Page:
By Pension and Benefits Editorial Staff
During a time of unprecedented economic uncertainty arising from the COVID-19 pandemic, most employers are continuing to contribute to their retirement plans while making adjustments to help participants access savings if needed, according to the Plan Sponsor Council of America’s (PSCA) snapshot survey of plan sponsors. The survey received responses from 137 companies that sponsor a 401(k) plan for employees.
“Despite the headlines the vast majority of employers have not moved to suspend their contributions,” said PSCA Research Director Hattie Greenan. “Employers, doubtless helped by support from the Payroll Protection Program, are responding to current conditions by largely staying the course, implementing plan provisions to make it easier for impacted participants to access their retirement savings if needed, but also providing education on the long-term effects of taking distributions and loans.”
Employer contributions. According to the PSCA, none of the organizations responding to the survey indicated that they are currently considering terminating the plan as a result of the ongoing pandemic and economic conditions and more than 90 percent of respondent organizations are making no changes to employer contributions at this time. Additional findings include:
- Five percent of respondents have suspended matching contributions and fewer than 1 percent have suspended non-matching (profit-sharing) contributions. Larger organizations are somewhat more likely to have suspended the match.
- Three percent of organizations are considering reducing or suspending contributions but have not made a decision at this time.
CARES Act adoptions. After more than three months following the passage of the Coronavirus Aid, Relief, and Economic Security (CARES) Act, most plan sponsors have implemented at least one of the optional expanded loan or withdrawal provisions designed to help relieve the economic impact felt by participants as a result of the COVID-19 pandemic, PSCA points out:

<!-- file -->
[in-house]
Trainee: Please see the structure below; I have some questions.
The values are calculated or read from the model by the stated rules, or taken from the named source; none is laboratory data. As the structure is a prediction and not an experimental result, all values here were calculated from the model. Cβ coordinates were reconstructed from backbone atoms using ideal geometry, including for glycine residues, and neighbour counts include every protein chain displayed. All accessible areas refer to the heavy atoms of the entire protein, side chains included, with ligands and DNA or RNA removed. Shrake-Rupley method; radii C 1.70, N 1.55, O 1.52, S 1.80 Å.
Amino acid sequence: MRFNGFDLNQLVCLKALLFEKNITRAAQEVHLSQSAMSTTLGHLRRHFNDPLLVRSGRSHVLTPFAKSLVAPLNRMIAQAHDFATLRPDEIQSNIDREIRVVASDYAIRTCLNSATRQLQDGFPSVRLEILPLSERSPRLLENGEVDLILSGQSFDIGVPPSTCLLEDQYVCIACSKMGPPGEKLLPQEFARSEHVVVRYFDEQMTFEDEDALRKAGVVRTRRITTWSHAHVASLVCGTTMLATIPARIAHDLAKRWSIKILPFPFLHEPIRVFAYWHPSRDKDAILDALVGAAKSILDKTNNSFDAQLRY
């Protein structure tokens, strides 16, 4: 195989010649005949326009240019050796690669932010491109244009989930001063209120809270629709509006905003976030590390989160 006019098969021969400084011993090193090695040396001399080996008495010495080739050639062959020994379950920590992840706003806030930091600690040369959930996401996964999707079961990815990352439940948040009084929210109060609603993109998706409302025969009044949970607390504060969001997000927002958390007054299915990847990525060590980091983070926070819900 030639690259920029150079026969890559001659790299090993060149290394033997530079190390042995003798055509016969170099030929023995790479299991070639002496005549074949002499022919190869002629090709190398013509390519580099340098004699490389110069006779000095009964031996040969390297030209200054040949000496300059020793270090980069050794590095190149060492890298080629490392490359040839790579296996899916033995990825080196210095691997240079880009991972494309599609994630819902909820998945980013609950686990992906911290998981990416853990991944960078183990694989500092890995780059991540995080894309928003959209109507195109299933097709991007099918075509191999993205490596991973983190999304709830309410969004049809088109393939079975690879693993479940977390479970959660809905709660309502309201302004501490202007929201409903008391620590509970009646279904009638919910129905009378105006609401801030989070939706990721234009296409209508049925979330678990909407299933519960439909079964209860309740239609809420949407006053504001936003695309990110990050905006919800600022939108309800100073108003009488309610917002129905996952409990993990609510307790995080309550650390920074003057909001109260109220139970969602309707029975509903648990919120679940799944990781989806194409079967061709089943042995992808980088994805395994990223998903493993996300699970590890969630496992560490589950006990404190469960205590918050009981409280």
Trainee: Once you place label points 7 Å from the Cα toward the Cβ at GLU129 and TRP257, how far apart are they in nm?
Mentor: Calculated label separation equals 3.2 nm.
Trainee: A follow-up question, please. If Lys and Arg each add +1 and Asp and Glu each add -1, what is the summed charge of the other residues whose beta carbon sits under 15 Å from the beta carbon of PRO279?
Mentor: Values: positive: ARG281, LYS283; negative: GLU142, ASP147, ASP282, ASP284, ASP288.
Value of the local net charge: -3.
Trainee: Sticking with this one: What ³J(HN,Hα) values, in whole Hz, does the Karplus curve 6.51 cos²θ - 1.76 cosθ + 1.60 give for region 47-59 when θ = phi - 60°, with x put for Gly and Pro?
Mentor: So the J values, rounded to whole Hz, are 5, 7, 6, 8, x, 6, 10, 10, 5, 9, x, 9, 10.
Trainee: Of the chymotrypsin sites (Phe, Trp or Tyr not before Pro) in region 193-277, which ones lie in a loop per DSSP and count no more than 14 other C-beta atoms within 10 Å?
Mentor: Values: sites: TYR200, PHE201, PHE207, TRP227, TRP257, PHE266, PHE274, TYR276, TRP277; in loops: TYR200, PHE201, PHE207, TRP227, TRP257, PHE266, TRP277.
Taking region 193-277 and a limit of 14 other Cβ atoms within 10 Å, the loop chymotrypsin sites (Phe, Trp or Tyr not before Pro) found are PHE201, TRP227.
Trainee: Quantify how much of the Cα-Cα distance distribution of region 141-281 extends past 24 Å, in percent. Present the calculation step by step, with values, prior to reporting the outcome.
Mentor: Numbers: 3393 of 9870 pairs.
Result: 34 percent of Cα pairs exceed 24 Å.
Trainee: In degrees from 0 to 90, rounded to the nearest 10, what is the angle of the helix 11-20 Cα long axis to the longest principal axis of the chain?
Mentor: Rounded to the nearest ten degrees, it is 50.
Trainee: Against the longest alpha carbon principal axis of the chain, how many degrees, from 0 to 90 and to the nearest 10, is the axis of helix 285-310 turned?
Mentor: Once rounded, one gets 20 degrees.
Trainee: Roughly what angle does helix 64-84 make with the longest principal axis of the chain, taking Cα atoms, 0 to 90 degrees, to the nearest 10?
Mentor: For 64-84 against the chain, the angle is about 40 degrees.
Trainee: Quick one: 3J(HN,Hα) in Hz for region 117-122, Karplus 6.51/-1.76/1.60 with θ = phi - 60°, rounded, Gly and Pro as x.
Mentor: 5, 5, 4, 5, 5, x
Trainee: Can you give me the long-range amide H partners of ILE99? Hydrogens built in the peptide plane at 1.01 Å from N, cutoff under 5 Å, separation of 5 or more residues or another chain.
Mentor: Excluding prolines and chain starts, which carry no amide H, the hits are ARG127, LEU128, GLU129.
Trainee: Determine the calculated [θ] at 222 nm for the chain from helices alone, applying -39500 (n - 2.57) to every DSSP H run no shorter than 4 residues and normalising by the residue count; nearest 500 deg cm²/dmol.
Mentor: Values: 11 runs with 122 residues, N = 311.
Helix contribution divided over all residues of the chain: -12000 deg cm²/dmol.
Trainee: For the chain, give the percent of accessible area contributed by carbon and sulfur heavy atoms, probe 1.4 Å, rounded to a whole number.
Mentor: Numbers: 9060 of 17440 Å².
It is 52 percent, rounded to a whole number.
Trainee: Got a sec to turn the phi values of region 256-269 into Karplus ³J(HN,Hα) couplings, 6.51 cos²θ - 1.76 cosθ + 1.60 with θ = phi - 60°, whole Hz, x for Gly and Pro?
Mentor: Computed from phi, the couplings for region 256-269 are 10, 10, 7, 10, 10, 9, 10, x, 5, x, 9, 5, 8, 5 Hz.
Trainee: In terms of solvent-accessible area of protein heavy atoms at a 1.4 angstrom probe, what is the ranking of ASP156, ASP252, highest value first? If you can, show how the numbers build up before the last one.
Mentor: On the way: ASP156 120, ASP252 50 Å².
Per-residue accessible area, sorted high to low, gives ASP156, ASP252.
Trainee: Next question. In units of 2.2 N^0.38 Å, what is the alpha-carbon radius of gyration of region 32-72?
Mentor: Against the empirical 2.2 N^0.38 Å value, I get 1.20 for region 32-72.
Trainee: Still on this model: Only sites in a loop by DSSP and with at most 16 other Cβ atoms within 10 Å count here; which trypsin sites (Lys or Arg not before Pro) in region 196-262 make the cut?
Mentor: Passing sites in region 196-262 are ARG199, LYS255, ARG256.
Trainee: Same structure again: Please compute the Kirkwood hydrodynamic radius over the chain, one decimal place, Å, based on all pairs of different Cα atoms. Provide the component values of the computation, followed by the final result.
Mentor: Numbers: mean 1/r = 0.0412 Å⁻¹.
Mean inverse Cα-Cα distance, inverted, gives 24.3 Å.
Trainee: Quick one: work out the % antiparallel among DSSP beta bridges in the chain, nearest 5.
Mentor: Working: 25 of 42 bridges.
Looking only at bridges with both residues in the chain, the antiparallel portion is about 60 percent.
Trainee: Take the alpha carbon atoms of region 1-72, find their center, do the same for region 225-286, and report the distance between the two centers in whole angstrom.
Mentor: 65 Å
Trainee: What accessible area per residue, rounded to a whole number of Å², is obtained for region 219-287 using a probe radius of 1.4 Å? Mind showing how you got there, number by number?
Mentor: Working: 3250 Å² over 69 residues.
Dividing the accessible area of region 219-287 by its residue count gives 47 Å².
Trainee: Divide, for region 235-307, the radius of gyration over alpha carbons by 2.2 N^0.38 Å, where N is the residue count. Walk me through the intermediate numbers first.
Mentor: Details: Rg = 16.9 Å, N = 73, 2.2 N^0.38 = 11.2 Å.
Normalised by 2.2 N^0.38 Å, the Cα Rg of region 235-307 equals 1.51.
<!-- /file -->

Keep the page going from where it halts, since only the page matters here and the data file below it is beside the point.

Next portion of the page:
- Nearly two-thirds (63.5 percent) of respondent plans are allowing participants to take Coronavirus-Related Distributions (CRDs).
- Only a third (36.5 percent) of respondents increased plan loan amounts to the lesser of $100,000 or 100 percent of the vested account (vs. previous limits of $50,000 or 50 percent of the vested account).
- One-in-five plan sponsors (19.7 percent) are still taking a wait-and-see approach, and fewer than 10 percent of employers have already determined they will not implement any of the optional CARES Act provisions.
Participant responses. While the majority of plans have adopted the expanded access provisions of the CARES Act, few participants have taken advantage of these provisions yet.
- Among plans offering a CRD, nearly 40 percent say an average of just 1-5 percent of participants have taken one, though nearly as many say that fewer than 1 percent of participants have done so, and 18.4 percent report that no participants have.
- Among plans that have increased the loan limits, most report that fewer than 1 percent of participants have taken advantage of this option, and more than a quarter state that none have.
- Nearly seventy percent of organizations stated that plan loan activity throughout the last few months is about the same as usual (whether they implemented CARES Act loan provisions or not), with only 13.4 percent noting an increase, and 10.9 percent actually noting a decrease.
“Employers want participants to have access to their accounts if absolutely necessary--they understand that the current crisis might take precedence over saving for retirement,” said Nevin Adams, Chief Content Officer of the American Retirement Association. “But they are also concerned about the long-term financial security of their employees and their ability to retire so while they are providing access, they are also providing education on the impact of the various options.”
In fact, half of PSCA survey respondents are currently communicating the impact of plan loans and distributions on retirement savings to participants, and roughly a third (32.4 percent) already have and 17.6 percent are currently creating the communications.
“Though the full economic impact of the COVID-19 pandemic is still not yet known, and funds from the Payroll Protection Program continue to flow, organizations and participants seem largely to be staying the course when it comes to retirement savings,” Adams concludes.
Source: Plan Sponsor Council of America’s (PSCA) snapshot survey, www.psca.org.
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